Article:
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Xbox One in your living roomMicrosoft shows us what an Xbox One living room will be like, more info surfaces about the Google barge, and talk and text cell service might be coming to a flight near you.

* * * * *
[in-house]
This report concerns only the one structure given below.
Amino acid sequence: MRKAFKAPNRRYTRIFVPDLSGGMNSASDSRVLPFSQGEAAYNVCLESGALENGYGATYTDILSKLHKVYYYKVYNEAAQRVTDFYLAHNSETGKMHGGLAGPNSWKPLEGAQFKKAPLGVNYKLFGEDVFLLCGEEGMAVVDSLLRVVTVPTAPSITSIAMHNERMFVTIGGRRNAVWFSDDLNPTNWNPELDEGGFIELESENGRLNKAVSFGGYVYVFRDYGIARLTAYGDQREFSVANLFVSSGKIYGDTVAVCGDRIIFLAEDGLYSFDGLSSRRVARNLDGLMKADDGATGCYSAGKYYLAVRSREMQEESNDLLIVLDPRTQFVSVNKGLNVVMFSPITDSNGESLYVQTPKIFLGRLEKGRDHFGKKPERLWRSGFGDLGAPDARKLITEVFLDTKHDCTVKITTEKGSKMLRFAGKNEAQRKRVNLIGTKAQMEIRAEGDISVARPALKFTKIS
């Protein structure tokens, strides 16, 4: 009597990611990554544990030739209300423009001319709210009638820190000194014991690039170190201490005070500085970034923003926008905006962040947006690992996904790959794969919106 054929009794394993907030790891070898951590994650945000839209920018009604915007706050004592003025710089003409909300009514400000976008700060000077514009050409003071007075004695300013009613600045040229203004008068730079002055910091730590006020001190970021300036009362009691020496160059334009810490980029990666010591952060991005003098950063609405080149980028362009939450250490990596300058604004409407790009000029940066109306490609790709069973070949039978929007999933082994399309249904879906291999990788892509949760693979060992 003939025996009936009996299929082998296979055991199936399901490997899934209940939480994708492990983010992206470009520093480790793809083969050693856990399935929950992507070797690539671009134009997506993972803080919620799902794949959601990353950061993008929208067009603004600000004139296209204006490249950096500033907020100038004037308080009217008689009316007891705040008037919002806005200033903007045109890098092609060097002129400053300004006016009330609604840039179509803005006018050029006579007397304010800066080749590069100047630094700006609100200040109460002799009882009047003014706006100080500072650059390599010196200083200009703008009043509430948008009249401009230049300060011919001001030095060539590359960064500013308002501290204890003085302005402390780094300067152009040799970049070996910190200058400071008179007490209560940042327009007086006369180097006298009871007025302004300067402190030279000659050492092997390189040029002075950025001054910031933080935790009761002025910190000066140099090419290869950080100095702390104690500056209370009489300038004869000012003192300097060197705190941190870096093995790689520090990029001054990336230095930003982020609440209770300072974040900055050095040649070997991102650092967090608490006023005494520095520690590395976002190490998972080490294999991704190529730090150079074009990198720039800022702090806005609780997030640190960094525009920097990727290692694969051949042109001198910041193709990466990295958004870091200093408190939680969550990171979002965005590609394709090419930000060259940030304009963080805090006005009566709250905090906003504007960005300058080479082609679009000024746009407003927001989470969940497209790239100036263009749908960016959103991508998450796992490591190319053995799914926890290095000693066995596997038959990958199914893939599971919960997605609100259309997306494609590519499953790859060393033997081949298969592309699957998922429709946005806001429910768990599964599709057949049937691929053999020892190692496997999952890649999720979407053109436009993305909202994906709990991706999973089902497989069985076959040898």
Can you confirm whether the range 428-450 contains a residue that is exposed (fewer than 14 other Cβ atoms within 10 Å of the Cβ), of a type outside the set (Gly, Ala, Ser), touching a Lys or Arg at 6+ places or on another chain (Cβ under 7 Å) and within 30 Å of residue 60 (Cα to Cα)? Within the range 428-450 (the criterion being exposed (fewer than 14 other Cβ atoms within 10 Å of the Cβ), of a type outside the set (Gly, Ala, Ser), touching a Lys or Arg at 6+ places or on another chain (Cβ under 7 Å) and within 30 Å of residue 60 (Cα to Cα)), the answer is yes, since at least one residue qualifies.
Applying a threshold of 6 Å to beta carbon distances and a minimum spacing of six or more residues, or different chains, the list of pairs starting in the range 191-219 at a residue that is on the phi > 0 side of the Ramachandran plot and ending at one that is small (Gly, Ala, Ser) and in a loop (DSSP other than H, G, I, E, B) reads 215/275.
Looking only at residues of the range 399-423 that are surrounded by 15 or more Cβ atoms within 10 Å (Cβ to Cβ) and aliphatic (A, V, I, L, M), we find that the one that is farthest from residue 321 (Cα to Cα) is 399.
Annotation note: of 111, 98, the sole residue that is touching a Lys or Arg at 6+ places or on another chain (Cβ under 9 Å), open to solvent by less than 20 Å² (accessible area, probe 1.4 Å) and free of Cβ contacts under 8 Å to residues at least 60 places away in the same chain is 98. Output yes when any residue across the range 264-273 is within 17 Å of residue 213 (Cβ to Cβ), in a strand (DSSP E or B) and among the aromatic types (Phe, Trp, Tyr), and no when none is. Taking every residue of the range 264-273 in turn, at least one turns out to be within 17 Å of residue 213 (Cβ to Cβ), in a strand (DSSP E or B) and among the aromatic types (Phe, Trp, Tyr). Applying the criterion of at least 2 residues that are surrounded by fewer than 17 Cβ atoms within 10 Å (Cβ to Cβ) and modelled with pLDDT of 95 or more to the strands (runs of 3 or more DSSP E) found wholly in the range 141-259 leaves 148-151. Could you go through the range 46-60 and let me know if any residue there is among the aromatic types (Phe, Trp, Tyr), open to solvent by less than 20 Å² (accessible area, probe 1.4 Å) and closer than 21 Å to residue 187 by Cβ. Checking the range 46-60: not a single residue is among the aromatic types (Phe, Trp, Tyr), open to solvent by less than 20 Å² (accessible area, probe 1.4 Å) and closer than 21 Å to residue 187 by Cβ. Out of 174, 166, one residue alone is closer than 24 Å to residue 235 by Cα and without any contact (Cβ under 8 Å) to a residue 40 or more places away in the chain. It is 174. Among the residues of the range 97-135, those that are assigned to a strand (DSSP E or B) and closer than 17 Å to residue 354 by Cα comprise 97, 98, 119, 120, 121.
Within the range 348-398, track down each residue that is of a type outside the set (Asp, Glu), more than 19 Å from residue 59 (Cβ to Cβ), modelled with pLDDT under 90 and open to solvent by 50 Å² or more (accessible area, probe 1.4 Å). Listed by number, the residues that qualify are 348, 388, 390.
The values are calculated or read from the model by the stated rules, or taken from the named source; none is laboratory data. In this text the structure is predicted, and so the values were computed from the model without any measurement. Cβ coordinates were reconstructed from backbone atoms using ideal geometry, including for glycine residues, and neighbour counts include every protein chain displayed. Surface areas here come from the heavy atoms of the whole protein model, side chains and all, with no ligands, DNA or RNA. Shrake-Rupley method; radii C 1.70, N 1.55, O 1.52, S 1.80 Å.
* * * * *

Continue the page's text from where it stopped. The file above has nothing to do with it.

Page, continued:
Will the Xbox One give you the living room of the future? I'm Jeff Bakalar filling in for Bridget Carey, and this is your CNET Update. Earlier this week, Microsoft invited myself along with other CNET editors to get a look at what kind of media capabilities Xbox One is going to deliver. In his summary, CNET editor Matthew Moskovciak outlined live TV integration the one-guide overlay built in voice and motion control and other features. The big highlights from the piece explained that DVR compatibility will probably be the biggest issue out of the box so instead of using your voice, you're likely gonna have to grab your cable box's remote to schedule a recordings. Now, the one-guide which acts as sort of a channel guide for your TV will also feature something called app channels, which any app can program into the interface. It's basically like a shortcut for services like Hulu straight to your channel guide. Now we were also like down by the news of DLNA support its built in but it seems like Xbox one is only gonna work with Microsoft's proprietary Play 2 System. Keep it here at CNET for my full review of Xbox one in the coming weeks and, of course, Xbox One hit stores on Friday November 22nd. We finally have some more info on the mysterious Google barge situation, CNET first broke the story about a shady barge hiding out in San Francisco and only until now has Google come out and admitted that they are in fact behind the floating structure. CNET reporter Daniel Terdiman says, that when completed, the barge will be covered in sales and act as a temporary technology exhibit space. Have you ever used Wi-Fi on a plane? Odds are you've heard of Gogo, the service that connects you to air-to-ground internet from 35,000 feet up starting soon, Gogo will roll out a new service which will use internet connectivity for making calls and sending texts. Users will be able to download a companion out that will force their phone into roaming mode which will allow you to use text and talk functionality. Air travelers won't need to wait long to use the new tech. It's on schedule to be implemented in the first quarter of 2014. Finally, after an impressive IPO launch, Twitter still recognizes that the service needs to attract new users. Twitter CEO said earlier this week that while the 140 character language of Twitter is rapidly evolving, it simultaneously [unk] needing new comers to the service which creates an intimidating platform than not just anyone can dive right into at #RT. That your tech news update. You can find more details on our show blog that cnet.com/update. Make sure you follow me on Twitter. From our studios here in New York, I'm Jeff Bakalar.
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